Stick external rotation stretch – Grab a stick, hold it outside the arm. Lift your elbow and pull the stick from underneath your arm, across the body. This will pull your hand out further and you will feel the shoulder wind up. Hold for 1 minute. To take this further by repeating a hold-relax method, pulling the stick inwards for 5 seconds then relaxing further into external rotation .

Banded External rotation – Put the elbow into the band, take the hand on the inside of the band and hold on. Keep the elbow close to your head and drive the arm pit forwards. Hold the stretch for 2 minutes.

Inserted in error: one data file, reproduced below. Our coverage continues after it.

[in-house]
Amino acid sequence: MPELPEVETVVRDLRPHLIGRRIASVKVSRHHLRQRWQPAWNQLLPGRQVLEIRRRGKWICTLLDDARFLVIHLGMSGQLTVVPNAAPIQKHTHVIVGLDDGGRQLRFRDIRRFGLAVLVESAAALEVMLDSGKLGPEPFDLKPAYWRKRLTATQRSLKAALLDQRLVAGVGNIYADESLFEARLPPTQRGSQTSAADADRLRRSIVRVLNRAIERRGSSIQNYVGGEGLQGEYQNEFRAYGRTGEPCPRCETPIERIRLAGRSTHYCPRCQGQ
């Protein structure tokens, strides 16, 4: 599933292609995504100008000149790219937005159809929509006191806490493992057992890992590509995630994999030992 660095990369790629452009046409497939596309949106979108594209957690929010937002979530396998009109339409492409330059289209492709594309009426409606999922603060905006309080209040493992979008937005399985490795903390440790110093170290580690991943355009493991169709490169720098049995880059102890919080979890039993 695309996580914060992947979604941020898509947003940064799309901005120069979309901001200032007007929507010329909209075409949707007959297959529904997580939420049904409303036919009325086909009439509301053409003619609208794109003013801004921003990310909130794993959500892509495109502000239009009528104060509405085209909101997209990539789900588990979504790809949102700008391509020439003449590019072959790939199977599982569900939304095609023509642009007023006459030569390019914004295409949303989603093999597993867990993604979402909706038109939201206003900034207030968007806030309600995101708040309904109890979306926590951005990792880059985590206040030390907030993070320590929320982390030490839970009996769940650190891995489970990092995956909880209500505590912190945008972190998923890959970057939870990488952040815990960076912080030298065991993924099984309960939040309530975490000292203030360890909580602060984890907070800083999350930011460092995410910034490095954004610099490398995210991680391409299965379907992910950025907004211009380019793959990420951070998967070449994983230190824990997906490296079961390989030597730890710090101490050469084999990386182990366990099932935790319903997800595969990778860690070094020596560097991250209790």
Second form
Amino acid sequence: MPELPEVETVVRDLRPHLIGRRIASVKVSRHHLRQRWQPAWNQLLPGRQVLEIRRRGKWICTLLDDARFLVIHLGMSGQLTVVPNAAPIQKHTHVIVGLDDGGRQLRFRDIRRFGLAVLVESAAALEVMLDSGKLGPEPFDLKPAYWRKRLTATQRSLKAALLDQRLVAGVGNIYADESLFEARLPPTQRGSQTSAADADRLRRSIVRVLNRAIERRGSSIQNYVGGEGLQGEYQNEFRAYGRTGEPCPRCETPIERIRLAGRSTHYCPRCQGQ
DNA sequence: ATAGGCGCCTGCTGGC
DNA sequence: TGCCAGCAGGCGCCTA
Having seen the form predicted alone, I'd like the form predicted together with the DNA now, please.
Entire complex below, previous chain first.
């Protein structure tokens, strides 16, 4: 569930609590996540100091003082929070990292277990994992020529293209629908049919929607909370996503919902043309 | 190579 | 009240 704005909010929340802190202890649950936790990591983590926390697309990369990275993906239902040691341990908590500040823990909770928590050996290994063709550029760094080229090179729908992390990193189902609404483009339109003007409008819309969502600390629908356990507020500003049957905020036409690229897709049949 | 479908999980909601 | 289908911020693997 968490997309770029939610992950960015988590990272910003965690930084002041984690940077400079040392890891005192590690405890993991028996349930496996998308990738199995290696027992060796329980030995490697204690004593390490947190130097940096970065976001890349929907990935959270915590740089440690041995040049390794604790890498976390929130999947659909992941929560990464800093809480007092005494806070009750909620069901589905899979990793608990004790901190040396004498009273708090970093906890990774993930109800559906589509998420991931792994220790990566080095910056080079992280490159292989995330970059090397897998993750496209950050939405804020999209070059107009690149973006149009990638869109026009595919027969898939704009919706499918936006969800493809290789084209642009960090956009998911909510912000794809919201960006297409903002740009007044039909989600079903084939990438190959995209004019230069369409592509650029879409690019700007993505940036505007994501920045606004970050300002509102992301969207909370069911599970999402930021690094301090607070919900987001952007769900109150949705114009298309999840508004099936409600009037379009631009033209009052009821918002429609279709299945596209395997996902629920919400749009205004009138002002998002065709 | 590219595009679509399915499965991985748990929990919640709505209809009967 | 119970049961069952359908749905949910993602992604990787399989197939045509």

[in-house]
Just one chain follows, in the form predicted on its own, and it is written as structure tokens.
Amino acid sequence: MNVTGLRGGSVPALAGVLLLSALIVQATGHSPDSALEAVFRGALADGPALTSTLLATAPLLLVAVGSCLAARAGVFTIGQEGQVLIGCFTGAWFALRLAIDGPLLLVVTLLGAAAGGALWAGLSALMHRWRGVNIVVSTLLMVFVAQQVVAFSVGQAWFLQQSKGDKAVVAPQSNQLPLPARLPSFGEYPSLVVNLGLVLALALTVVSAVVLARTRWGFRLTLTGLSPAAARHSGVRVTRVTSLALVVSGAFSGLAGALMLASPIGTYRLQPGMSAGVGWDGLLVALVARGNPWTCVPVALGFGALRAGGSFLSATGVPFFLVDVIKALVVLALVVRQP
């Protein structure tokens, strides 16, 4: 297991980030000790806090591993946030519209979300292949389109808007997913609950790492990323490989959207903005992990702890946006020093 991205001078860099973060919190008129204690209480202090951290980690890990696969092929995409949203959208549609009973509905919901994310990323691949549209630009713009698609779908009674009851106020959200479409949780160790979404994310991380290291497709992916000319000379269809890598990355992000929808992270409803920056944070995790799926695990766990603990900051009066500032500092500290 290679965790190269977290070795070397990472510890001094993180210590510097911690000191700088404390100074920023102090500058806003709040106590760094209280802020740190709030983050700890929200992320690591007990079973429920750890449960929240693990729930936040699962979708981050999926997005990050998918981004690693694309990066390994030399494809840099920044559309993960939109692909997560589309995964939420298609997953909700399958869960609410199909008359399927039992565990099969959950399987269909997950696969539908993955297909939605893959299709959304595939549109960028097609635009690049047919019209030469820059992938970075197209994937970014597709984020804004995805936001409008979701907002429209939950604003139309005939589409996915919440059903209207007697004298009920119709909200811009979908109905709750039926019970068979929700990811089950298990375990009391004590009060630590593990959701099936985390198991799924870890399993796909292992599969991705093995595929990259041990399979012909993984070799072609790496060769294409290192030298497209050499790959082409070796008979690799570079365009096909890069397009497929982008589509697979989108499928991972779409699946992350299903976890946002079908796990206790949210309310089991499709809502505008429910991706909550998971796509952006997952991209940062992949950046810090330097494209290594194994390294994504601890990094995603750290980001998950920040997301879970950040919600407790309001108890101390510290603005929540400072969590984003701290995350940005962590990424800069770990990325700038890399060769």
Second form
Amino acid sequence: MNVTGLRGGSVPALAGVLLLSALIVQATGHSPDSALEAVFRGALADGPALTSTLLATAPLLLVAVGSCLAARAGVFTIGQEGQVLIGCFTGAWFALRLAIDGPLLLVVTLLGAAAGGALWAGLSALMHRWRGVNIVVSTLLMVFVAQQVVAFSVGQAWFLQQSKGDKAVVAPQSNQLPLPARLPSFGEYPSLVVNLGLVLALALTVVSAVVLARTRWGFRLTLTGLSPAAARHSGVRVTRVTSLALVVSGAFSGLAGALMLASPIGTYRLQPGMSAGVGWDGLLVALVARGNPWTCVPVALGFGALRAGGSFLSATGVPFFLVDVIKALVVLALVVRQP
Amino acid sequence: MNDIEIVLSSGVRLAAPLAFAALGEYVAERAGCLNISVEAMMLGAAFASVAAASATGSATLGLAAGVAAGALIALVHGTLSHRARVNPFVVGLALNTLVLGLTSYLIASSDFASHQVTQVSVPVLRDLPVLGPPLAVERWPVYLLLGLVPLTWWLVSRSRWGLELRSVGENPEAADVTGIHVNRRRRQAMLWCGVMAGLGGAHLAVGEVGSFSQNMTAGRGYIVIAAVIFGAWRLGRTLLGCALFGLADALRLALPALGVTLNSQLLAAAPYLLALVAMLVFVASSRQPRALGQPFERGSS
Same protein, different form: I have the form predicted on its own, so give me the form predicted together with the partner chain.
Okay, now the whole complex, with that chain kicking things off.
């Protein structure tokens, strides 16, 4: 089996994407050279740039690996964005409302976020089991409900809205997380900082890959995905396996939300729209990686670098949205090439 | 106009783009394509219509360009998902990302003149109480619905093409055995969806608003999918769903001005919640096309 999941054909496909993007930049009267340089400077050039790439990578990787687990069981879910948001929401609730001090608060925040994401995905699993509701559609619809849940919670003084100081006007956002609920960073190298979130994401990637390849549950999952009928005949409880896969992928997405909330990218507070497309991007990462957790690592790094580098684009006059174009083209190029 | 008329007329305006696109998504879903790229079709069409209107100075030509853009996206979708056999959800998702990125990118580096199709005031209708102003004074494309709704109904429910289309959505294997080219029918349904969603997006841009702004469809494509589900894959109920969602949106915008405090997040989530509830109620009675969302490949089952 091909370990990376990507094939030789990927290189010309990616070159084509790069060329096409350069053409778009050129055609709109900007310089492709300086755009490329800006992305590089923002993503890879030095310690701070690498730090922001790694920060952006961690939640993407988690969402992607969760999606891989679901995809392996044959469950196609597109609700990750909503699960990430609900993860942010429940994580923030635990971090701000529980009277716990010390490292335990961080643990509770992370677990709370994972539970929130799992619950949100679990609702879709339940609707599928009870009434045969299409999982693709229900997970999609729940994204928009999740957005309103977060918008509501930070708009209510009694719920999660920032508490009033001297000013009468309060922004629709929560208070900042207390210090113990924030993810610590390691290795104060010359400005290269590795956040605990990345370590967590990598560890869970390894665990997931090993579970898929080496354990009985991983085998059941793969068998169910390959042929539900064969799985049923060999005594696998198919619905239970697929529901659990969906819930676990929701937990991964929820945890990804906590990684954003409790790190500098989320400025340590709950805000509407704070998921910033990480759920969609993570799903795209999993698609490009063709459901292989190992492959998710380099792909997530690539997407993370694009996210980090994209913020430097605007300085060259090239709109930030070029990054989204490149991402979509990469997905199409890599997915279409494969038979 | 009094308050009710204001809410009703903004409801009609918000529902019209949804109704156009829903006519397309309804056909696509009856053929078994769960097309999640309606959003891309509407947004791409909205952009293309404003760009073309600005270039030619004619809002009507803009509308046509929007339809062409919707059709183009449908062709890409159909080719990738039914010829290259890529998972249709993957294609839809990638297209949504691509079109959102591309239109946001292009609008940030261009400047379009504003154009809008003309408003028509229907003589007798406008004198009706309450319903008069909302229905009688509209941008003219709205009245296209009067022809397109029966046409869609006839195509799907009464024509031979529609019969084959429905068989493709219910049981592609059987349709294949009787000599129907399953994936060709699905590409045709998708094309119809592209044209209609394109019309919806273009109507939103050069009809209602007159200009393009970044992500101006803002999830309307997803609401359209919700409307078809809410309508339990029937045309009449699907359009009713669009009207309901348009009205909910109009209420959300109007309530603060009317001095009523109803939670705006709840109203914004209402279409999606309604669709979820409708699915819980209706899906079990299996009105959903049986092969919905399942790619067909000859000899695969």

Wrist Flexor stretch – Kneeling on the floor, with palms facing away, put your hands down on the floor and take the wrists into extension, moving your body backwards. Hold for 2 minutes. Next get the band and place the hand in the same position. Have the band pull away while doing small oscillating wrist extensions into the stretch. Repeat for 1-2 minutes.

Triceps smash – Excuse the facial expressions in this video, I don’t always look that way! Resting the tricep on the bar while flexing and extending the elbow. Start at the triceps tendon (above the elbow) repeat 10-12 reps then move higher up the muscle. To increase the pain….I mean load, use the band to get fascia tacked down to the bar.

Thoracic Mobility as mentioned above it’s important to extend at the Thoracic below are two basics.

Improving overhead position

Often we are restricted with overhead movements as it is an action we don’t use often enough. Try these exercises to increase movement if your tight reaching above your head.